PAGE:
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Providing Information After a Disaster
Posted by Jim Craner on April 9, 2019
When a disaster strikes, information can be just as valuable as water, power, or critical supplies! Learn more about how your library can provide information and access following a disaster.
Providing Public Internet Access At The Library
One of the most critical requirements after a disaster is the restoration of communications with the outside world, and these days, that means the Internet. While first responders, whether at the local, state, or federal level, may have their own data and communications infrastructure, libraries can still provide access for responders, volunteers, and survivors. Internet access is critical after a disaster for:
- filing government disaster benefits claims
- filing insurance claims and other paperwork
- communicating with friends/family outside the disaster zone
- coordinating volunteers and support from outside the disaster zone
Because Internet access is so important during a disaster, it may be necessary to expand opportunities for leveraging the library’s connectivity.
Providing Public Internet Access Away From The Library
Whether or not your library still has wired Internet access, you may still be able to provide Internet access to your community by re-purposing mobile hotspots. These devices serve as temporary Wi-Fi routers, providing Internet access to a few laptops or phones via a 4G connection to a cell phone provider. Many libraries stock these hot-spot devices to circulate in the community, thanks to programs like TechSoup's Mobile Beacon donation project [https://www.techsoup.org/mobile-beacon] and Sonoma County’s SonoFi [https://sonomalibrary.org/blogs/news/borrow-the-internet-at-your-local-l... program. During a disaster, hot-spots still in the library could be prioritized for first-responder use. Libraries could also partner with other organizations, such as the Red Cross, and use the hot-spot at shelters for displaced people.
Publish Information; Combat Misinformation
Misinformation can spread in the best of times, and the librarians thrive at providing correct information. In an emergency situation, there should be one official source for information, such as the county emergency management office or lead disaster response agency. However, the information should be published in multiple channels, such as the Emergency Alert System, your city or library's website, your library's Facebook page, or other means. In many communities, the library website is the only public-facing website that can be easily changed without a complicated technical process.
Accurate information can also be relayed via posters and update boards in the library to ensure people coming into the library have an easy, low-tech way to get the latest, accurate information.
Provide Disaster-Specific and Community-Specific Information Resources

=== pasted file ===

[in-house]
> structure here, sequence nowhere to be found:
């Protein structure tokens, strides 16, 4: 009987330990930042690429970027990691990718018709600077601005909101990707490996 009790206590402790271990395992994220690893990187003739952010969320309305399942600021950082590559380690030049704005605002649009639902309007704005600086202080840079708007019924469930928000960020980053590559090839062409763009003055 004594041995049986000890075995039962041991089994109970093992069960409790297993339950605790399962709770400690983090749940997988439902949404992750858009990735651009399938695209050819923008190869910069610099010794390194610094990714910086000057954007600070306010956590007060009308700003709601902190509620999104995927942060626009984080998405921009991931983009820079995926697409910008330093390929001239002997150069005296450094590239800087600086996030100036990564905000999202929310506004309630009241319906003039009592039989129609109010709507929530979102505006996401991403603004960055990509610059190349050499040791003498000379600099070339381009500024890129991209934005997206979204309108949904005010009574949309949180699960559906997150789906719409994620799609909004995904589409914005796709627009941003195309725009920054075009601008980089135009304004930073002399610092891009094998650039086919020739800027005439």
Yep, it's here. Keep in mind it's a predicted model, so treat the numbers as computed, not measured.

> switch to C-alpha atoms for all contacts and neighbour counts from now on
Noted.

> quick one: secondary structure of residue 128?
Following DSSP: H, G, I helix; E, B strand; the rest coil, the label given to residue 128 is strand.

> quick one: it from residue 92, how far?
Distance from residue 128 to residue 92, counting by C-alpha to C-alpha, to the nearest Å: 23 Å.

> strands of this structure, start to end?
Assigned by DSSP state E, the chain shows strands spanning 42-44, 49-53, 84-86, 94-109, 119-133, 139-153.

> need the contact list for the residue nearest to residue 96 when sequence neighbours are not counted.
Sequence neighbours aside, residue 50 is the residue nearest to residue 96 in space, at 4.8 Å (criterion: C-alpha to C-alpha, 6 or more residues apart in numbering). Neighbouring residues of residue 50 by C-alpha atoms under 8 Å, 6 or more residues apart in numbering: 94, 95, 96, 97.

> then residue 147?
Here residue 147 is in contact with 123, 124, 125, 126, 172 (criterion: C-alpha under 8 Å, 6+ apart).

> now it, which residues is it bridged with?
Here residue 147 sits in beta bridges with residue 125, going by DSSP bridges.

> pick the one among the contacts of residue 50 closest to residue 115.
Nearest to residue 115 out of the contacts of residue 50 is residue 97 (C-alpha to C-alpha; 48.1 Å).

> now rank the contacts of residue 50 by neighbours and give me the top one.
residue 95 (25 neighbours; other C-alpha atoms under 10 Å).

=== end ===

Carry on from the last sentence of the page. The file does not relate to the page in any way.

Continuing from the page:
Librarians know their communities and their communities' needs when it comes to information and there are specialized resources that can come in handy that might not be on your radar.
The National Library of Medicine has a full catalog [https://disasterinfo.nlm.nih.gov/apps] of emergency-related apps from their departments and the Center for Disease Control and Prevention that librarians should be familiar with. Your city/county's first responders should have some of these apps installed on their work devices, including WISER - the Wireless Information System for Emergency Responders. This app includes hazardous materials identification and response advice for first responders encountering unknown materials in an emergency. Another interesting example in this catalog is "ShowMe" - an icon/pictogram-driven phone app that lets people with limited or no English communicate with emergency responders by picking emergency-related icons from a screen.
Many librarians already spend a significant part of their time helping patrons navigate government websites, print and complete forms, register for programs, and similar tasks. After a disaster, there will be a new set of websites to learn, a new set of forms to complete, and reels of red tape that librarians can help their patrons navigate. Become familiar with the Federal Emergency Management Agency (FEMA) website as well as your state's emergency management agency counterpart's website. FEMA may even place representatives inside the library to meet with displaced people and answer their questions directly.
Library leaders should be developing relationships with local emergency responders long before there is an emergency. In my small, rural Illinois community, the library shares the municipal center with the police department, and we coordinate on community events such as the National Night Out public safety event and the state-mandated active shooter training for librarians. We also received a small grant to acquire materials based on recommendations from the police department, such as first aid/survival manuals and books about the opiate epidemic; these materials have proven popular.
Other libraries in areas that experience hurricanes, wildfires and other recurring disasters are more likely to have formalized the role the library and library staff will play in a disaster. This is particularly helpful because the library can then ensure their staff and their facilities are prepared and they know what to do, rather than just reacting in the moment.
Every community is different and every disaster is different. Librarians have the information and technology tools at hand to equip their patrons and their responders with what they need to recover as quickly as possible. Be flexible, be creative, and you'll help your community weather any storm… or earthquake, or tornado, or hurricane, or…